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Generalized Anxiety Disorder

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Generalized Anxiety Disorder

Generalized Anxiety Disorder (GAD) is a chronic and often disabling condition that is associated with uncontrollable worry and tension. The vicious cycle of anxiety and worry interferes with relationships, careers, and education, and often leads to depression. This disorder is much more than the normal anxiety that everyone experiences from time to time, and can be crippling in its severity. GAD is unlikely to disappear without proper treatment, and often worsens over time.

Physical manifestations of GAD often include headaches, trembling, twitching, fatigue, irritability, frustration, muscle tension, and inability to concentrate. Sleep disturbances may also occur. Individuals suffering from this disorder may appear to be always tense and unable to relax, or may startle more easily than others. Often they might seem to be constantly moving or fidgeting, unable to sit comfortably through a movie without worrying about something else that needs to be done.

Some research suggests that GAD may run in families, and it Generalized Anxiety Disorder

may grow worse during times of stress. Symptoms can begin at any age, but the risk is highest between childhood and middle age. GAD affects about 4 million adult Americans. Women are twice as likely to be affected than men. The disorder usually comes on gradually, although it can be suddenly triggered by a childhood psychological trauma, the death of a loved one, divorce, and losing or changing a job.

DSM-IV Diagnostic Criteria:

1. Excessive anxiety and worry (apprehensive expectation), occurring more days than not for at least 6 months, about a number of events or activities (such as work or school performance).

2. The person finds it difficult to control the worry.

3. The anxiety and worry are associated with three (or more) of the following six symptoms (with at least some symptoms present for more days than not for the past 6 months). Note: Only one item is required in children.

- restlessness or feeling keyed up or on edge

- being easily fatigued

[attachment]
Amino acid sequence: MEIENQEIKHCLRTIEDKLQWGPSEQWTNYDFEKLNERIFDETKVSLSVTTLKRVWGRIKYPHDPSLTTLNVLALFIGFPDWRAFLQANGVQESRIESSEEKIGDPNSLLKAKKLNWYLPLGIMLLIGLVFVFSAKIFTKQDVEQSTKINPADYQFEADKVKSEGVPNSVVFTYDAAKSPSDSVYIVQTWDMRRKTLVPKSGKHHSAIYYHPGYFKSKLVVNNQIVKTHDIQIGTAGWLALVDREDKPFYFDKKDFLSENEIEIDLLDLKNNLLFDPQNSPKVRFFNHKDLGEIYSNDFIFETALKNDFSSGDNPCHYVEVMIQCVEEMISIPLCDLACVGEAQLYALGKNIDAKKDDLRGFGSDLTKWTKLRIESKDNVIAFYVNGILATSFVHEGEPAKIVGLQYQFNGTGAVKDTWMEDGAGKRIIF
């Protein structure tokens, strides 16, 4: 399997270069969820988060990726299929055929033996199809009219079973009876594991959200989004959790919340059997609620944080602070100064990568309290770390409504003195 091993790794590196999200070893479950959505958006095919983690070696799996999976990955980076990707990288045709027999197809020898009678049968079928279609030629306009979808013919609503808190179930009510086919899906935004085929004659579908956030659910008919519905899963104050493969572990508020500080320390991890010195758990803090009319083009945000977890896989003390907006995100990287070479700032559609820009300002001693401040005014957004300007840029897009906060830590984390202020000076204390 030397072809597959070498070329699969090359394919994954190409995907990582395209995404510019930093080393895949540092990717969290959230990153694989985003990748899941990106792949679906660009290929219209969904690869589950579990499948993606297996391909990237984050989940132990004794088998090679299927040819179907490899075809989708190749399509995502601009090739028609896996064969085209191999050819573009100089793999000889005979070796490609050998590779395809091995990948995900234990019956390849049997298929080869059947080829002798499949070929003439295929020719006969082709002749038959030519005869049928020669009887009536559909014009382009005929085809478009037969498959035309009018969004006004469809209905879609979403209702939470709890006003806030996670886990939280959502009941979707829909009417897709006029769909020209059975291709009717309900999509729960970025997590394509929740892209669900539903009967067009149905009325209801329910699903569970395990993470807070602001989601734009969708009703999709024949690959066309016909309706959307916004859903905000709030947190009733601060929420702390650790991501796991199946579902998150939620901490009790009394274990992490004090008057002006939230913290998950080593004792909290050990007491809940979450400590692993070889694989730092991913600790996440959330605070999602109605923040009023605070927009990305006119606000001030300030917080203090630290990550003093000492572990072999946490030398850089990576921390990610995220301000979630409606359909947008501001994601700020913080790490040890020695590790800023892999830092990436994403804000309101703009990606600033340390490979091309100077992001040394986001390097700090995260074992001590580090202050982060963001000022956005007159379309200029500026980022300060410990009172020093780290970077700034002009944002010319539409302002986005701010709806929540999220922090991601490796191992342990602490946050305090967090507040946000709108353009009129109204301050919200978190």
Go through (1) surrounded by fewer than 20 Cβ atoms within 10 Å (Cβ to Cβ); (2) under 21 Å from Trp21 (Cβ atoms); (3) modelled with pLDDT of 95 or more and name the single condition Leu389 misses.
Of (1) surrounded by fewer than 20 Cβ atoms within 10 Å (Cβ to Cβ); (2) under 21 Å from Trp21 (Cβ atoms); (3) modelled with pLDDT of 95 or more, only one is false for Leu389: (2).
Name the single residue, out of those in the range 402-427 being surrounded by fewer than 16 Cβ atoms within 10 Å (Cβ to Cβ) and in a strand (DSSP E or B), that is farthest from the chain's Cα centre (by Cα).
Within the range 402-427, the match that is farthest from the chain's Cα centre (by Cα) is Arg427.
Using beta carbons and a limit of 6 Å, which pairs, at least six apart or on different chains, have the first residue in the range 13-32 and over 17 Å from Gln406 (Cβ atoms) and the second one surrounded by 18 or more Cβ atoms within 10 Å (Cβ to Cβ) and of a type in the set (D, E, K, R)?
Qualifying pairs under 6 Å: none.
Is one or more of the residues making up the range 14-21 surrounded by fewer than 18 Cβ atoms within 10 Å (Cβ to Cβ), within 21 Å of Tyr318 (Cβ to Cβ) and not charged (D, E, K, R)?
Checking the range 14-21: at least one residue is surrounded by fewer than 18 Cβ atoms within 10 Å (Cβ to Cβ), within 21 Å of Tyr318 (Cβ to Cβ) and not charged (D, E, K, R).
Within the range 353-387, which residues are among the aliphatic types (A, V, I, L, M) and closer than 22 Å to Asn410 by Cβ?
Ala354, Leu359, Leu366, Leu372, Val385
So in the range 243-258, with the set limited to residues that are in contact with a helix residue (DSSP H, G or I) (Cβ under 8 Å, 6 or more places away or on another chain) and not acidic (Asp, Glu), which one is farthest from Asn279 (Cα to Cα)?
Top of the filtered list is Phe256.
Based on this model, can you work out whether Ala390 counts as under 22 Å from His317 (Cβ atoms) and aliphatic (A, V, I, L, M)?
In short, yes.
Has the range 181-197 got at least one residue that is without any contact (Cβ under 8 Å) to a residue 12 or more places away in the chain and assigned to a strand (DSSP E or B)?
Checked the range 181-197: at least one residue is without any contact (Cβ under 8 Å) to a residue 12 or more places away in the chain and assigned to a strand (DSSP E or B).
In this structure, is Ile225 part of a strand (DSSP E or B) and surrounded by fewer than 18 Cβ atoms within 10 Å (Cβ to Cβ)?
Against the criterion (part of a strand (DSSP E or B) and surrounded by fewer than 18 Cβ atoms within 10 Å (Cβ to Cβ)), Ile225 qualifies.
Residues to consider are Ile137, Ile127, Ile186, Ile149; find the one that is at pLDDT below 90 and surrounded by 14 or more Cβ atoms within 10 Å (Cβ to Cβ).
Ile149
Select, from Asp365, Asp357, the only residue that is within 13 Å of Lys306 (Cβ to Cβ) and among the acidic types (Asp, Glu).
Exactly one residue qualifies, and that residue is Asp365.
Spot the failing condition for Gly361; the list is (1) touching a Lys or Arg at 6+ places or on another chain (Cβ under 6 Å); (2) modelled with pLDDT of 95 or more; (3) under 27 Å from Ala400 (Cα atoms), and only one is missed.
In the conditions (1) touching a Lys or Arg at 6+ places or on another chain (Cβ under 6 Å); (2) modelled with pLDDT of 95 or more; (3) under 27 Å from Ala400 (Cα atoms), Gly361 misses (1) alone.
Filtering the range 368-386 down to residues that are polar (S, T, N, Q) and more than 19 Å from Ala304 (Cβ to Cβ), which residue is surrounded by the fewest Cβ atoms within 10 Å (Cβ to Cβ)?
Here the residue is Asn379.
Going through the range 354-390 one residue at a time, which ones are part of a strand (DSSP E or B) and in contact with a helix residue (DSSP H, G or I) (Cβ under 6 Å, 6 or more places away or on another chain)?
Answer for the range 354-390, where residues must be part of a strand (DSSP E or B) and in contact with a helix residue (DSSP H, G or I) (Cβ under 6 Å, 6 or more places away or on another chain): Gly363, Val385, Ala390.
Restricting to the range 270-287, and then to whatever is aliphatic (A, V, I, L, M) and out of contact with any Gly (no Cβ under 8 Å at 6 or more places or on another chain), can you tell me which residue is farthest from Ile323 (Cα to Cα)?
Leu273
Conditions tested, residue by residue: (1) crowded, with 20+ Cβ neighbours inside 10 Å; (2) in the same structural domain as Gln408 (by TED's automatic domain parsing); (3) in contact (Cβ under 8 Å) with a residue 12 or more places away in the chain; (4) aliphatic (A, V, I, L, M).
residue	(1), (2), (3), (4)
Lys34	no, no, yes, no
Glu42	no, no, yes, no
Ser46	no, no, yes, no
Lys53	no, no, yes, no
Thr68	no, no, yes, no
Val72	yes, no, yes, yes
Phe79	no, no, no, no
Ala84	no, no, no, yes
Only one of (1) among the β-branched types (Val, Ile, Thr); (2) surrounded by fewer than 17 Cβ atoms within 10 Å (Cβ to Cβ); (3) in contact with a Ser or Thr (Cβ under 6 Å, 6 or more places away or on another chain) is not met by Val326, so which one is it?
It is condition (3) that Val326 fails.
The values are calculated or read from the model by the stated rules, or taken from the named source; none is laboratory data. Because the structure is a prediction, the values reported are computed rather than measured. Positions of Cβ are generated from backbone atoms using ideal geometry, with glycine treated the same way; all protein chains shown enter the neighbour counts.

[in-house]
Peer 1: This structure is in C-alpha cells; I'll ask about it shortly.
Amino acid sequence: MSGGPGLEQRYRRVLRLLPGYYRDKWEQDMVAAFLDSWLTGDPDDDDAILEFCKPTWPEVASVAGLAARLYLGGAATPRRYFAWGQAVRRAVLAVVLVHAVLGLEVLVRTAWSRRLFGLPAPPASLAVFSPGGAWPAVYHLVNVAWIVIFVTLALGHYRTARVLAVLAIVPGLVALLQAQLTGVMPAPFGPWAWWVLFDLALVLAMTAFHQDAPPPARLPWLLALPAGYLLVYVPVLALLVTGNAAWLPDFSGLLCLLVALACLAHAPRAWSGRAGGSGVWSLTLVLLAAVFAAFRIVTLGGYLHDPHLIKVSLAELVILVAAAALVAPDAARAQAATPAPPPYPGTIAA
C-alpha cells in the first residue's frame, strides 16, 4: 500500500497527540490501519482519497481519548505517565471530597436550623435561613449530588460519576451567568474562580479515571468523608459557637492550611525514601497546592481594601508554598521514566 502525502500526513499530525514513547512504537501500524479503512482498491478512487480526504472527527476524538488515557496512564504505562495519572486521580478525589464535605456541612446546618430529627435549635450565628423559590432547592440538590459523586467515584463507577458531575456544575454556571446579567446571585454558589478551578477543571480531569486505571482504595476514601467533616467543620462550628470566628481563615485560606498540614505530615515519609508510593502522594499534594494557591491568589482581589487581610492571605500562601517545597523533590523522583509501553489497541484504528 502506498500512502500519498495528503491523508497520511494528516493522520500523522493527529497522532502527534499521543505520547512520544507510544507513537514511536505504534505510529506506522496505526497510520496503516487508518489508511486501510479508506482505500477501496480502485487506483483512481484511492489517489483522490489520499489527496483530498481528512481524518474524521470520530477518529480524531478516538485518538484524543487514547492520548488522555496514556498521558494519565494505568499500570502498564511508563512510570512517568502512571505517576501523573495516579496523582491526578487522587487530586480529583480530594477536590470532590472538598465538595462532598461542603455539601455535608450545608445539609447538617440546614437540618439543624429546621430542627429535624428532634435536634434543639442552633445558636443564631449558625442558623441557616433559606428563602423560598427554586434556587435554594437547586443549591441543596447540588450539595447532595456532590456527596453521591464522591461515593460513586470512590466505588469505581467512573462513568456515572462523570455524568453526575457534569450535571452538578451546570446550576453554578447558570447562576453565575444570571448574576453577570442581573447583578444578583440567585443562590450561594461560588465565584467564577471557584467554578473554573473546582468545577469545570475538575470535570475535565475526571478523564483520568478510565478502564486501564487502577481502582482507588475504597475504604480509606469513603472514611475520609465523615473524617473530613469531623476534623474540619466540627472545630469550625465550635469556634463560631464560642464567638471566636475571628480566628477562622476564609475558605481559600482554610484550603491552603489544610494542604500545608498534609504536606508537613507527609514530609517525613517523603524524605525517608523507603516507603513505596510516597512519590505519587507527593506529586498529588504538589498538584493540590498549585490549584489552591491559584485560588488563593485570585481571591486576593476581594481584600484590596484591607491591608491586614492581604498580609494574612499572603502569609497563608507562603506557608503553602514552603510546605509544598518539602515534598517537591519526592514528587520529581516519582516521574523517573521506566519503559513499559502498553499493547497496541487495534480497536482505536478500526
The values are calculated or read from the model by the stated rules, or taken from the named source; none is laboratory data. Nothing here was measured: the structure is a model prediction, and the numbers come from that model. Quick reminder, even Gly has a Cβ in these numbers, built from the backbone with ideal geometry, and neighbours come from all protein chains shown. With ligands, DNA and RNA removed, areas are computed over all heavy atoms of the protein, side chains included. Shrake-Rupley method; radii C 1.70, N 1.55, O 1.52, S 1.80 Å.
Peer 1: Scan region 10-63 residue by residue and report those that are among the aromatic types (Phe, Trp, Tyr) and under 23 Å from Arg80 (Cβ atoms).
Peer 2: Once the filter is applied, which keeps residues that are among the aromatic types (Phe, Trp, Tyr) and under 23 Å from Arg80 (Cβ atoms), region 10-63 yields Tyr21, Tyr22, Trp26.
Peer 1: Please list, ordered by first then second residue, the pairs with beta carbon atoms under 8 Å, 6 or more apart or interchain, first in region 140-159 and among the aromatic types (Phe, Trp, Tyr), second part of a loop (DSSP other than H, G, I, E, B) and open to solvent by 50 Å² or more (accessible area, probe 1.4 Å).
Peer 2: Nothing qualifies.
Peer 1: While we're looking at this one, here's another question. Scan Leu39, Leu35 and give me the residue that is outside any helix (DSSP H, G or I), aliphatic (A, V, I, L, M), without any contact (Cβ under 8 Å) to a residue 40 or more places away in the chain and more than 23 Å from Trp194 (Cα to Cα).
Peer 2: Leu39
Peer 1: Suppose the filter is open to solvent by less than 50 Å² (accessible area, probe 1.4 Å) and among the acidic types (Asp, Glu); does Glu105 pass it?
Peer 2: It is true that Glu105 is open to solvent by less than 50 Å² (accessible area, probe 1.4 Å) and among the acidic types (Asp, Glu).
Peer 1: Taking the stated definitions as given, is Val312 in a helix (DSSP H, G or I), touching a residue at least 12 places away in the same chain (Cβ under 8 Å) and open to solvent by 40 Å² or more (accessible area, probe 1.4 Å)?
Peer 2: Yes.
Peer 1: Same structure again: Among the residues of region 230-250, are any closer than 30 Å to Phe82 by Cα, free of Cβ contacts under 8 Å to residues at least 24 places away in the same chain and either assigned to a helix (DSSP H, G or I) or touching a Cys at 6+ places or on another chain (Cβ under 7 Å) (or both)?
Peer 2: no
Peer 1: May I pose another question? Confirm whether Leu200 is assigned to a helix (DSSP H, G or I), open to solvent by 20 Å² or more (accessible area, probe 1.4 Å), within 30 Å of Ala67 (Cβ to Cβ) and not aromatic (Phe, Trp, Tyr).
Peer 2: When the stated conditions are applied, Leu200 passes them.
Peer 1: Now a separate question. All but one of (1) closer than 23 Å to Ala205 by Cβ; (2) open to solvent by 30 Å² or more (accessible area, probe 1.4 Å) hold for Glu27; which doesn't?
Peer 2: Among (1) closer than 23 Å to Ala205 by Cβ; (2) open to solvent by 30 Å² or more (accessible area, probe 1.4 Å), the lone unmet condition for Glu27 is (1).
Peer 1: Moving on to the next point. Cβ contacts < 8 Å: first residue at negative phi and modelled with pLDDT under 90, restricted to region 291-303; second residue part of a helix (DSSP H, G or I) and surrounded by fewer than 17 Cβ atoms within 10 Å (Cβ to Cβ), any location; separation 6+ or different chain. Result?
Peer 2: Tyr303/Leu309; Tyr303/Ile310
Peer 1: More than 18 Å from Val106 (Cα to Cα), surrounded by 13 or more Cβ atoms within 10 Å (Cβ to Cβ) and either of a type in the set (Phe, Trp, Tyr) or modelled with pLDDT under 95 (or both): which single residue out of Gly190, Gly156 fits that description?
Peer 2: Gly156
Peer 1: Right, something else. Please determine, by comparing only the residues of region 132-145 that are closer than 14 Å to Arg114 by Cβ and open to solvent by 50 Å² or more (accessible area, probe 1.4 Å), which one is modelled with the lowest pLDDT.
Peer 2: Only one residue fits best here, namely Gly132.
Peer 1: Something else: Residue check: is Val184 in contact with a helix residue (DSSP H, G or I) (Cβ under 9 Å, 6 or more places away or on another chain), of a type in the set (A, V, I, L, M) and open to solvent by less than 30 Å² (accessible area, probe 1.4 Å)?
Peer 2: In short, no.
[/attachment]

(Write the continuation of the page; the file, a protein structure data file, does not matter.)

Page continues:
- difficulty concentrating or mind going blank

- irritability

- muscle tension

- sleep disturbance (difficulty falling or staying asleep, or restless unsatisfying sleep)

4. The focus of the anxiety and worry is not confined to features of an Axis I disorder, e.g., the anxiety

or worry is not about having a Panic Attack (as in Panic Disorder), being embarrassed in public (as in Social Phobia), being contaminated (as in Obsessive-Compulsive Disorder), being away from home or close relatives (as in Separation Anxiety Disorder), gaining weight (as in Anorexia Nervosa), having multiple physical complaints (as in Somatization Disorder), or having a serious illness (as in Hypochondriasis), and the anxiety and worry do not occur exclusively during Posttraumatic Stress Disorder.

5. The anxiety, worry, or physical symptoms cause clinically significant distress or impairment in

social, occupational, or other important areas of functioning.

6. The disturbances is not due to the direct physiological effects of a substance (e.g. a drug of abuse, a

medication) or a general medical condition (e.g. hyperthyroidism) and does not occur exclusively during a Mood Disorder, a Psychotic Disorder, or a Pervasive Developmental Disorder.

Treatment of GAD:


Benzodiazepines- Medications such as Klonopin, Ativan, Valium, and Xanax often bring quick relief from the symptoms of anxiety. They are generally used while waiting for other medications to begin working, as addiction and tolerance is possible.

Antidepressants- Antidepressants can be useful in managing anxiety and in treating the depression that often accompanies it. The SSRIs are the most common antidepressants used to treat generalized anxiety disorder.

Buspirone (BuSpar)- Buspirone is an anti-anxiety drug that can be effective for generalized anxiety disorder. Some individuals respond very well to this medication, although many do not find it effective in treating all the symptoms of their disorder. Unlike the benzodiazepines, buspirone must be taken consistently for at least two weeks to achieve relief of symptoms.



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